In the German study, there were slightly more women than men believing there are people with health problems caused by EMF (Berg-Beckhoff et al., 2009). The proportion of male GPs was highest in the group, with mostly correct answers to the knowledge questions identified by the latent class analysis (Berg-Beckhoff et al., 2014). Likewise, the French study also reported that knowledge of EMF sources was higher among male GPs than among their female counterparts (Lambrozo et al., 2013).

Furthermore, in the Swiss study there were also more women believing that everyday exposure to EMF can cause symptoms. On the other hand, there was no evidence that sex had an influence on the assessment of GPs at the last consultation whether a link between symptoms and EMF was plausible or not (Huss und Röösli, 2006). The latter also applies to the Dutch study (Slottje et al., 2017) Alternative medical training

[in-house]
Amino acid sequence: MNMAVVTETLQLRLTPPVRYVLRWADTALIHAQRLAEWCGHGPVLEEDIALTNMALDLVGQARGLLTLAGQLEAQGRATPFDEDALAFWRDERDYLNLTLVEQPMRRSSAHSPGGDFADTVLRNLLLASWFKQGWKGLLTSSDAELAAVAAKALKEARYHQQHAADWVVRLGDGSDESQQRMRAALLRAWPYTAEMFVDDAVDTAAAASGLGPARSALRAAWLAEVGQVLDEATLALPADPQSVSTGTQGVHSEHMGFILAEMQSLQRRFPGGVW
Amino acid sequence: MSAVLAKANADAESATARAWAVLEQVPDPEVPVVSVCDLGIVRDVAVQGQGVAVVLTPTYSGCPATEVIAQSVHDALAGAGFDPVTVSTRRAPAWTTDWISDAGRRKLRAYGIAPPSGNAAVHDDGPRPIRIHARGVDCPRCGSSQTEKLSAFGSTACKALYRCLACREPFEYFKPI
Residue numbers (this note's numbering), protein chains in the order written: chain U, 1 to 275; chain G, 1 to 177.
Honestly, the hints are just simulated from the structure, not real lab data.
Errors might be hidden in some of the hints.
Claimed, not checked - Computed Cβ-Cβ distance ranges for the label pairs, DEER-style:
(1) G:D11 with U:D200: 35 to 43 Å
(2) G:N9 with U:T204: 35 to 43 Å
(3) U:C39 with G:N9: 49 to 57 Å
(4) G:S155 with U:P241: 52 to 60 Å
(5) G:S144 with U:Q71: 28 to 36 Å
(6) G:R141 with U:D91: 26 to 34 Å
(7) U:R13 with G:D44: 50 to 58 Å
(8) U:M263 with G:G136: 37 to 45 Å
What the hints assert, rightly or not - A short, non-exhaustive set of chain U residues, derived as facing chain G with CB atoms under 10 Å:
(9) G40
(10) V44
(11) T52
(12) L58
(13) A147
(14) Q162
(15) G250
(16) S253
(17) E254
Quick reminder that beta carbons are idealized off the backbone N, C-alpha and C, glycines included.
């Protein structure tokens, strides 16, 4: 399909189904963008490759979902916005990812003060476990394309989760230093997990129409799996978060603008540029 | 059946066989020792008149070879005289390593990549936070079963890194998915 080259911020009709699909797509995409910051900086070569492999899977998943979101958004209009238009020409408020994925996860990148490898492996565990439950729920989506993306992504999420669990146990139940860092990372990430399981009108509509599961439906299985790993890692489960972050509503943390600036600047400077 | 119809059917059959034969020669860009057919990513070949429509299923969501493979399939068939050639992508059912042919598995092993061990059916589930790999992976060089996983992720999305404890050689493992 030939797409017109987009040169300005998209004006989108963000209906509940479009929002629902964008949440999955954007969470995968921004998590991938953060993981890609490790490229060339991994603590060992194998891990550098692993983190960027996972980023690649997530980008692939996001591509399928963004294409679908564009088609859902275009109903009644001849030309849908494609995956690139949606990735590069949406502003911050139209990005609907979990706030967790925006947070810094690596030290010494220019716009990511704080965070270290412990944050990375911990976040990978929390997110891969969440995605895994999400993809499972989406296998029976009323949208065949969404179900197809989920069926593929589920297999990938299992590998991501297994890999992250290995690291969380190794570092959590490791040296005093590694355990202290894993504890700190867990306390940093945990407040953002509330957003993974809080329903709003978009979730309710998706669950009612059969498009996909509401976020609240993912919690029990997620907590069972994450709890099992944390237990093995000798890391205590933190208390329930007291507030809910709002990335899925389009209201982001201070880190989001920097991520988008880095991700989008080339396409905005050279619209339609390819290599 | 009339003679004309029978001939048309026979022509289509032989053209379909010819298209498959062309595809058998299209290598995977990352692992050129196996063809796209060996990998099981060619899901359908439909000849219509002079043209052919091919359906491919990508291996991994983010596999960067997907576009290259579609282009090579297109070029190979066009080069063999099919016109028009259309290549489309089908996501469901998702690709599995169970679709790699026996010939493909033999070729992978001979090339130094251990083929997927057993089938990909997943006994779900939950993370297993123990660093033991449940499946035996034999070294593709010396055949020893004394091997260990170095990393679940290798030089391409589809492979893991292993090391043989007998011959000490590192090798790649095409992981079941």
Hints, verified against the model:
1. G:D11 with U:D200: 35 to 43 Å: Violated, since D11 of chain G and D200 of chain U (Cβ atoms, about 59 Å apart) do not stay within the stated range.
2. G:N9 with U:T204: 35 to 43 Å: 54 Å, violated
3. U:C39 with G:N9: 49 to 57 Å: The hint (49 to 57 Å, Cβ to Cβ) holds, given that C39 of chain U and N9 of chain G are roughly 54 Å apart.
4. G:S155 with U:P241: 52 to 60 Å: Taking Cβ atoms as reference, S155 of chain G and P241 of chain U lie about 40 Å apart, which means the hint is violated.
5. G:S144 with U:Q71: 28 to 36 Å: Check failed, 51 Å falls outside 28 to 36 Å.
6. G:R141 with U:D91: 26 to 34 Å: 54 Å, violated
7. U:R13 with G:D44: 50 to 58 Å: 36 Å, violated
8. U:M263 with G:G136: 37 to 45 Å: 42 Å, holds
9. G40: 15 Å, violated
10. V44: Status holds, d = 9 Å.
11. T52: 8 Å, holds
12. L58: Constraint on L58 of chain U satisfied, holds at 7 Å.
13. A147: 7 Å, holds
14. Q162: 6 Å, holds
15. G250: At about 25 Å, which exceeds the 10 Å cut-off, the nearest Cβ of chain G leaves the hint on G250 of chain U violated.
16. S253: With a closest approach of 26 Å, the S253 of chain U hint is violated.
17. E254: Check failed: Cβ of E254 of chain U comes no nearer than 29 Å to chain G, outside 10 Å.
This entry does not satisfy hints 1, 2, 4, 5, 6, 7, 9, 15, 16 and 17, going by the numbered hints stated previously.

In the Austrian study, GPs who had alternative medical training precluded a relation between EMF, other environmental factors and health issues less common than GPs who usually used conventional medicine (Leitgeb et al., 2005). Similarly, German GPs with an alternative medical training believed more often than GPs without an additional alternative education that there are people who get health-related problems because of EMF. Furthermore, GPs with alternative medical training knew less about EMF exposure in the population regarding legal limits and brain-temperature rises due to EMF. Additionally, they reported more frequently about EMF consultations and agreed less often that health issues attributed to EMF are predominantly psychosomatic. Stratification by type of alternative medical training yielded evidence that these associations were strongest in GPs with homeopathic medical training but nonetheless also existed in GPs with acupuncture and naturopathy education (Berg-Beckhoff et al., 2009, Berg-Beckhoff et al., 2014, Kowall et al., 2015). In line with those findings, also in the Swiss study GPs with alternative medical training had more consultations regarding EMF. They reported more often that, in their opinion, EMF can cause symptoms in everyday conditions and more frequently evaluated a connection between these two variables as possible (Huss und Röösli, 2006). The results in the Dutch study were similar (Slottje et al., 2017). Subjective level of information